Using this Git command you can see changes between commits. This includes changes between the remote repo and the working directory, or changes between trees.

git diff [<options>] [--] [<path>…​]

 

git reset

Want to undo some recent changes? Walk back in time and use git reset to revert your working directory back to the your last commit.

git reset –hard HEAD

 

git log

Use this Git command to show the commits and details of a branch.

git log commit
commit <commit number>
Author: “author’s name”
Date: “date”

 

git rm

Stop tracking files and remove them from working directory.

git rm <file name>

 

git status

Compare the status of files in the shared repo compared to your working directory. This Git command lists:

  • Files that are not tracked and in your working directory.
  • Modified files that have not been updated to the branch.
  • Staged files that are ready to be committed.
</reponame/branch> git status
On branch master:
Changes not tagged for commit:
(use “git add <file>..” to update what will be committed.
(use “git checkout -- <file> to discard changes in working directory.
           modified: <file path>
no changes added to commit (use “git add” and/or “git commit -a”)

 

git tag

Find commits easier by assigning a handle to a commit using the git tag command.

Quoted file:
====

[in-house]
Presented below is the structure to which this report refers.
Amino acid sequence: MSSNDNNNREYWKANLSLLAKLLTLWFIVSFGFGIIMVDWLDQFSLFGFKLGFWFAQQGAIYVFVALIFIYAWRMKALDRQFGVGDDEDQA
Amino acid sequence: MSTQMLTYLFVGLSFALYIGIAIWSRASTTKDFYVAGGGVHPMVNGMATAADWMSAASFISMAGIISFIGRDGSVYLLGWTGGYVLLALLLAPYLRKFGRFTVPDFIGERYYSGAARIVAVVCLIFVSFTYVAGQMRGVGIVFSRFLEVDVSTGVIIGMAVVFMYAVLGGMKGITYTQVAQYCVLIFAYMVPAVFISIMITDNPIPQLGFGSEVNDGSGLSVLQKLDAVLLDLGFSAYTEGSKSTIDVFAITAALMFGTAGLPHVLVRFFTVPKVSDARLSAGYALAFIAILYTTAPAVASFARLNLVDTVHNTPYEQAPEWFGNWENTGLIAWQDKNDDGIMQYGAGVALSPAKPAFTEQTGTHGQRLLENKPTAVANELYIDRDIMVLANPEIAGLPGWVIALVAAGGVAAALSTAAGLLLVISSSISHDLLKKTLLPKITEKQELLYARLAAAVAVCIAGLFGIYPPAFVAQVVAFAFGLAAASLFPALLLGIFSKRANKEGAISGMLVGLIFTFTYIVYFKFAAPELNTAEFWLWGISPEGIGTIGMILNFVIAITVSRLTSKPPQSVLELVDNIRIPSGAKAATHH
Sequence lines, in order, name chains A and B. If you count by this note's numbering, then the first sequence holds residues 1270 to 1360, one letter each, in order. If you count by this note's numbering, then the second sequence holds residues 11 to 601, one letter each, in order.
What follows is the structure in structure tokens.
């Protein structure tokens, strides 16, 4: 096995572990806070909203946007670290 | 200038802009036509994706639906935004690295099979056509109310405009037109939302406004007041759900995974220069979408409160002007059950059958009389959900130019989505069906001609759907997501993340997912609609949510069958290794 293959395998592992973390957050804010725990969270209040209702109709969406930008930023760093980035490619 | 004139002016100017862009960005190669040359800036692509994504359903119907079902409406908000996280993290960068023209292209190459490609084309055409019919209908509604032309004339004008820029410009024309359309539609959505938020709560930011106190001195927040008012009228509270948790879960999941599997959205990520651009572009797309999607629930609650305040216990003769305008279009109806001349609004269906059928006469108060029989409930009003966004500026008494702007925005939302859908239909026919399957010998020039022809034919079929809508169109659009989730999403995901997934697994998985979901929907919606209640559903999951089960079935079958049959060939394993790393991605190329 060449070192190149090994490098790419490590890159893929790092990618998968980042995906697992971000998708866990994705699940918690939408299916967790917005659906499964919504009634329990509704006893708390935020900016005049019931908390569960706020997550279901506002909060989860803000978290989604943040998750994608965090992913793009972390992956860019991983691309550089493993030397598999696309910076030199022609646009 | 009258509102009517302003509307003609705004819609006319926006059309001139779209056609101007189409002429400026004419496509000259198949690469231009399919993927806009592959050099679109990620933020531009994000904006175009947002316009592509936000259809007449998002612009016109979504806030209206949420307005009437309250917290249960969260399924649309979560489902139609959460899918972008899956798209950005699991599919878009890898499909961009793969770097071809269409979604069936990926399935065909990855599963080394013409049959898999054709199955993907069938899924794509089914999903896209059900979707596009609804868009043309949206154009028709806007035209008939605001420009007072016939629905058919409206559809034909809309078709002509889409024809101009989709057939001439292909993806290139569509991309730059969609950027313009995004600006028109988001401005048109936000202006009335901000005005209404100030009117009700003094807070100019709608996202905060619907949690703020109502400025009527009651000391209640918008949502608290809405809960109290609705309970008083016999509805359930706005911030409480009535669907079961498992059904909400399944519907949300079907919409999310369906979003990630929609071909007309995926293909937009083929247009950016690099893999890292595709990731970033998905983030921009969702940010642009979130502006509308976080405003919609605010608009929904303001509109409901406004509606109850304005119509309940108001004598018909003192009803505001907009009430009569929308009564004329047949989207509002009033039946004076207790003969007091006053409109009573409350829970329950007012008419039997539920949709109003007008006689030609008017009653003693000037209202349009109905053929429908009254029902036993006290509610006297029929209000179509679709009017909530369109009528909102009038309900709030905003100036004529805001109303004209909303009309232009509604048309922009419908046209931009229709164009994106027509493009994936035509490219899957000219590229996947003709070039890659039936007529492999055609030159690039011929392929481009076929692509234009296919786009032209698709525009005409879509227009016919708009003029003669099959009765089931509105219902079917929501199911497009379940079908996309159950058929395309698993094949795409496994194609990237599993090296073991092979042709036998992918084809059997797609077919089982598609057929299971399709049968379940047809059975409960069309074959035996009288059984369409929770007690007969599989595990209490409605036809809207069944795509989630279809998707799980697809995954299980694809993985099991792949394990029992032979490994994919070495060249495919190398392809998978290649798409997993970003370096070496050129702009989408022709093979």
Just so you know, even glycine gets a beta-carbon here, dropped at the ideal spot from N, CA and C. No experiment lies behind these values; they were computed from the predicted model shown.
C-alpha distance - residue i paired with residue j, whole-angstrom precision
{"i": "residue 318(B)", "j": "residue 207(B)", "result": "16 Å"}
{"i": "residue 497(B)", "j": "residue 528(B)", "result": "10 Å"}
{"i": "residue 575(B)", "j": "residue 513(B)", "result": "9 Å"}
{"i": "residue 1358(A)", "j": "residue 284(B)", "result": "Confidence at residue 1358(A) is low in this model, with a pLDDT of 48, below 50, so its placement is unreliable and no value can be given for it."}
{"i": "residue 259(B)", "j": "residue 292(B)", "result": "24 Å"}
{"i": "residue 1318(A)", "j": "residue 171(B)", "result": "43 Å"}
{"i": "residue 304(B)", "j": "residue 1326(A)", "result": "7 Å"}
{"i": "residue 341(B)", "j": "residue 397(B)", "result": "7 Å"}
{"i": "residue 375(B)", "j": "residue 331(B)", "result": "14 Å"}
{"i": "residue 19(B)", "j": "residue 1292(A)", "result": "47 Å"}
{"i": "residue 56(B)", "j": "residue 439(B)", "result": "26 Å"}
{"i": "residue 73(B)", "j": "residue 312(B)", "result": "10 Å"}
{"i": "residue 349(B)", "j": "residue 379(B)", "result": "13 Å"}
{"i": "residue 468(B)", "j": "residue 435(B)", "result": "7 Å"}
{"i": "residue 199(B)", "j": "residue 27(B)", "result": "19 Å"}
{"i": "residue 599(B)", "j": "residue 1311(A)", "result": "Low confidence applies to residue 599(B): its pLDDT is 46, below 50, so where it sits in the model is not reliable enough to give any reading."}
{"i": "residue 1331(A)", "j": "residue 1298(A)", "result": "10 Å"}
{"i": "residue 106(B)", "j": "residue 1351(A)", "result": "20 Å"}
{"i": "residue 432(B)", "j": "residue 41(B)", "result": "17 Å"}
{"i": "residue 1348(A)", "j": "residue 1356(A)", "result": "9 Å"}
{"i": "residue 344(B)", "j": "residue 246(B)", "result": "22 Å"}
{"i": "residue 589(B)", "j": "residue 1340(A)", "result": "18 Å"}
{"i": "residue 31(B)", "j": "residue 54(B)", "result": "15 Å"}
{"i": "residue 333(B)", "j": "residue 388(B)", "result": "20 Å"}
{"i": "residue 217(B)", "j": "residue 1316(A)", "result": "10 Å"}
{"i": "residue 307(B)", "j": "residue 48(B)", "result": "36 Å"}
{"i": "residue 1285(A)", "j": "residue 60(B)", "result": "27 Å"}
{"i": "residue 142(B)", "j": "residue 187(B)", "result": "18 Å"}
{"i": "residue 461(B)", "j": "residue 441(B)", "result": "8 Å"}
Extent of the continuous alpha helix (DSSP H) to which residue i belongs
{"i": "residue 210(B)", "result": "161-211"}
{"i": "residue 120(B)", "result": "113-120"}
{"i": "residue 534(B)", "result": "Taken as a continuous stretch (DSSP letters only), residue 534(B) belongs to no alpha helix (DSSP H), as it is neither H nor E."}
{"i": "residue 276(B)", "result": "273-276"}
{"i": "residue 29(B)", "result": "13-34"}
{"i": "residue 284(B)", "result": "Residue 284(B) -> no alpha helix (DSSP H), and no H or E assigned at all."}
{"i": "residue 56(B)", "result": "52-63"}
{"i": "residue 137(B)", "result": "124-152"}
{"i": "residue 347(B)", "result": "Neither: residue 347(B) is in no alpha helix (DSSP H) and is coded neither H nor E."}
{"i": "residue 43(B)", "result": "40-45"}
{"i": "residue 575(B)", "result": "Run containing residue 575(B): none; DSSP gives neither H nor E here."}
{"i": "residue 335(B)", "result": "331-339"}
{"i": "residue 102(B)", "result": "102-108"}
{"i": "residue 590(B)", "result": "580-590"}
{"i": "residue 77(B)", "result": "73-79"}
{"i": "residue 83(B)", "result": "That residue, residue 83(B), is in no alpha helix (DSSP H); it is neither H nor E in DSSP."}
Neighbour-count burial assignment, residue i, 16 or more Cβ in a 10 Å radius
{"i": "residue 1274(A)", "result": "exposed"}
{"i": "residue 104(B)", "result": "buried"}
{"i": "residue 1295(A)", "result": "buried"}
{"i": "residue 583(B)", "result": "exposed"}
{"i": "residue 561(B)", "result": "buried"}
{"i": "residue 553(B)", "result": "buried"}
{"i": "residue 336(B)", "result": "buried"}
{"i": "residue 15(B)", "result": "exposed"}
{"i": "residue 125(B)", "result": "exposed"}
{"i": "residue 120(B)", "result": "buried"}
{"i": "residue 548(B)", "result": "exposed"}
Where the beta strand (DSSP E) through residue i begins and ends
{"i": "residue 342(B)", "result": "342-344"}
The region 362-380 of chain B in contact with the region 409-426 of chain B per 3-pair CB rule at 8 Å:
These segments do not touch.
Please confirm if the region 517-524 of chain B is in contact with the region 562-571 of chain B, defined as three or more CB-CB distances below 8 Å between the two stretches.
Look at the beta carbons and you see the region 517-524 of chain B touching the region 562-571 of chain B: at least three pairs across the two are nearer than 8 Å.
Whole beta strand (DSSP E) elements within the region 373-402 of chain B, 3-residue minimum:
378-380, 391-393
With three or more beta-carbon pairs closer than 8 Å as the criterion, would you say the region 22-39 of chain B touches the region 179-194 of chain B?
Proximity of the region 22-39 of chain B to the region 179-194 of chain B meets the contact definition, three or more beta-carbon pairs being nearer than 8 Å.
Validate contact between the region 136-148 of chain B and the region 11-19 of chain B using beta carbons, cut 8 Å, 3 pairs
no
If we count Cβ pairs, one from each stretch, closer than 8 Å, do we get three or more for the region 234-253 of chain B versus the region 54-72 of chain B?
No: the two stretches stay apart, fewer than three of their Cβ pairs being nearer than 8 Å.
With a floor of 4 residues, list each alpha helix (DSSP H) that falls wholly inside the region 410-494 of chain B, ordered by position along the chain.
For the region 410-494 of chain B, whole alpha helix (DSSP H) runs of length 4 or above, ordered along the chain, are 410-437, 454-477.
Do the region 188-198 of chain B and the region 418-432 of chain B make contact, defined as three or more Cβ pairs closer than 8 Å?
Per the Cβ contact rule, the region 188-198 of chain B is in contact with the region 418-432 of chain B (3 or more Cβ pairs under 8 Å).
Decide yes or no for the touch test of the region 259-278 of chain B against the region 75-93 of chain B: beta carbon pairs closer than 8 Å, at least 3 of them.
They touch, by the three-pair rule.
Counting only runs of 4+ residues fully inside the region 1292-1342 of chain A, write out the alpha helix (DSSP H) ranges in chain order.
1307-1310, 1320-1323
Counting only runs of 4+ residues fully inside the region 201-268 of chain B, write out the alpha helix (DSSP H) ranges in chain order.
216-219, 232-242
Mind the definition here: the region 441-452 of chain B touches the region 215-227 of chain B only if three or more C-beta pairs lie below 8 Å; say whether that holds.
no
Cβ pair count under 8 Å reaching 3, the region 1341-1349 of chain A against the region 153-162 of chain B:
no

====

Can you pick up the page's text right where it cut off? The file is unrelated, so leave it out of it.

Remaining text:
git tag -a v1.1 -m ‘this is version 1.1’

 

git remote

Create, view, and delete your connection to repositories. If you are connecting to a repo remotely, this command lists your connection to other repositories.

git remote [<variable name>] [<origin/remote server link>]

 

git checkout

You can use this command to switch between branches. When you check out a branch, the files in your working directory are updating to match the main version. All new commits are recorded on that branch.

git checkout [<branch name>]

 

Switch faster using Perforce Streams >>

git branch

Get started working with the git branch command. After you create a feature branch and commit changes, you can delete your feature branch using the same command.

Get a list of all branches in the repo:

[<repo path>] git branch
*master

 

Create new branches:

git branch [<branch name>]

 

Delete feature branches:

git branch- d [<branch name>]

 

git push

Use git push to submit changes and modified local files to a remote or local repository.

git push [variable name] [<location>]

 

You can also use it to push all branches your remote repo:

git push -all [variable name]

Or delete a branch:

git push [variable name]: [<branch name>]

 

git pull

Get the most recent version of your repo using the git pull command. It’s best to do it daily.

git pull [<repo link>]

 

git merge

Merge changes between branches.

git merge [<branch name>]

 

Compare Git rebase vs. merge >>

git rebase

There’s another way to merge files. Using git rebase cleans up your commit to make all your changes a single commit. This streamlines your history.

git checkout feature
git rebase master

git stash

Tuck away files and work on them later with git stash. You can also stash changesets.

<file path> git stash save
<file path> git stash pop

 

Use Git Commands and Gain Speed

If you have Git repos and teams using Git, you can still get the power of Perforce. Helix TeamHub allows you to organize your repos into projects, secure your files, and leverage the Helix Core server for faster build and remote performance.

And if you have Mercurial or SVN repos, Helix TeamHub supports them too.

Get Helix TeamHub